Welcome to what I intend will be a regularly published thought piece on marketing and media. I’ve made a career out of bucking conventional wisdom and challenging the status quo, so expect thought provoking content that challenges your thinking. I invite you to comment, tell me how big a fool I am or whatever pleases you, but do come back and read again. Does One Size Really Fit All?

Often times I work with segmentations which reveal clusters of potential customers with varying motivations and category needs, yet most marketers I’ve run across try to create one lowest common denominator message delivered with a media buy that focuses on a broad demographic group. While not wanting to alienate large segments of the population is good, what results is a message/media strategy that is bland, non persuasive and ultimately unsuccessful.

What I have found is the most mundane categories often have the most deeply rooted psychological drivers. Think about why you drink the brand of coffee you have most often. Are you a functional buyer or an aesthetic buyer? Is price a factor or are you willing to pay premium price for better taste? Is fair trade or organic important to you? What about convenience? Many brands can appeal to multiple motivations, yet rarely do they segment their marketing efforts to match the consumer segments.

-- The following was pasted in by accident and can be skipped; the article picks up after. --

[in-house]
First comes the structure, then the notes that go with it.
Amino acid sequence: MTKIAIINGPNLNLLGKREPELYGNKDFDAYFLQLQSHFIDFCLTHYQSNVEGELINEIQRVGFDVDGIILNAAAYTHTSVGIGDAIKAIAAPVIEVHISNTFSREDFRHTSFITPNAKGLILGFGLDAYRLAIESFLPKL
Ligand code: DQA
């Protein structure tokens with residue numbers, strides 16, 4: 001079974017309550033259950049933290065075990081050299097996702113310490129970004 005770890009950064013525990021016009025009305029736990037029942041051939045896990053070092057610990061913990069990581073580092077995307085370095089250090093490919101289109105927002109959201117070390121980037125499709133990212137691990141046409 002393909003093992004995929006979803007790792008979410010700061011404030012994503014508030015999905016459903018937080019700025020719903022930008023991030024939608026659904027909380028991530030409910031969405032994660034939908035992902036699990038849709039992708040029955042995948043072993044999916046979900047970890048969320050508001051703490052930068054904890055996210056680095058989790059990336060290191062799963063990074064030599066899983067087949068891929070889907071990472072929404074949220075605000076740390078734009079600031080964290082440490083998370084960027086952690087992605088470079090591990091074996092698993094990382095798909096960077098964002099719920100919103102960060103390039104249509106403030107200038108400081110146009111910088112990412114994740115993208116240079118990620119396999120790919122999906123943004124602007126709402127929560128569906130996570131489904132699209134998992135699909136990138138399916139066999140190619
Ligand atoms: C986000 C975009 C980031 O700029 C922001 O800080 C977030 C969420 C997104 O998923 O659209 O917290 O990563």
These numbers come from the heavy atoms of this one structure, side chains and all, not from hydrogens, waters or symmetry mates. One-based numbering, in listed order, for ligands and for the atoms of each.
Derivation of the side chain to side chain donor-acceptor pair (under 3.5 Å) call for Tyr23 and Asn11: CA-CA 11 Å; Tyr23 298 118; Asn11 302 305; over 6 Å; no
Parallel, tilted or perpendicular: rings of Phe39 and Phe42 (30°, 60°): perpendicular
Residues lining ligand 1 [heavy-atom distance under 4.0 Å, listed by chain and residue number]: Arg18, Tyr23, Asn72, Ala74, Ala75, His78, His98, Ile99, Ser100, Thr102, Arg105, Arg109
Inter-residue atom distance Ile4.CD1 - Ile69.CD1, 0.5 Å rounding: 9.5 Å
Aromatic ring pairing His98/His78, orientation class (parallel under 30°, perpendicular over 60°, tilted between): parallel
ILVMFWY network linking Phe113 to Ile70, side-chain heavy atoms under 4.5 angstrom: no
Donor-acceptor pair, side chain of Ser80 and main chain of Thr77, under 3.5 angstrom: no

What confounds me is that in today’s fractured media world we can create unique messages and media strategies for multiple audiences yet most marketers don’t. Why? I can only guess that marketers are on austerity budgets as it relates to producing multiple executions. But is trying to save money actually costing money in lost sales opportunity? I believe so. Marketers opt for heavy ‘weight levels’ of universal messaging instead of pinpointing messaging at the appropriate times. What we have is a case where audience metrics (GRP’s, high levels of reach, and low CPMs) overrule the business metrics.

So, what’s the fix? Start with a segmentation based on the different motivations for your category. Identify the segments that you can compete in based on matching your traits with customer needs and create messaging/media efforts that appeal to each unique group. How much should you spend behind each segment? Depends on the value of the segment; are they heavier users or lighter users? What are their purchase influences? How competitive is the segment? This is how you determine where your next best dollar should be spent.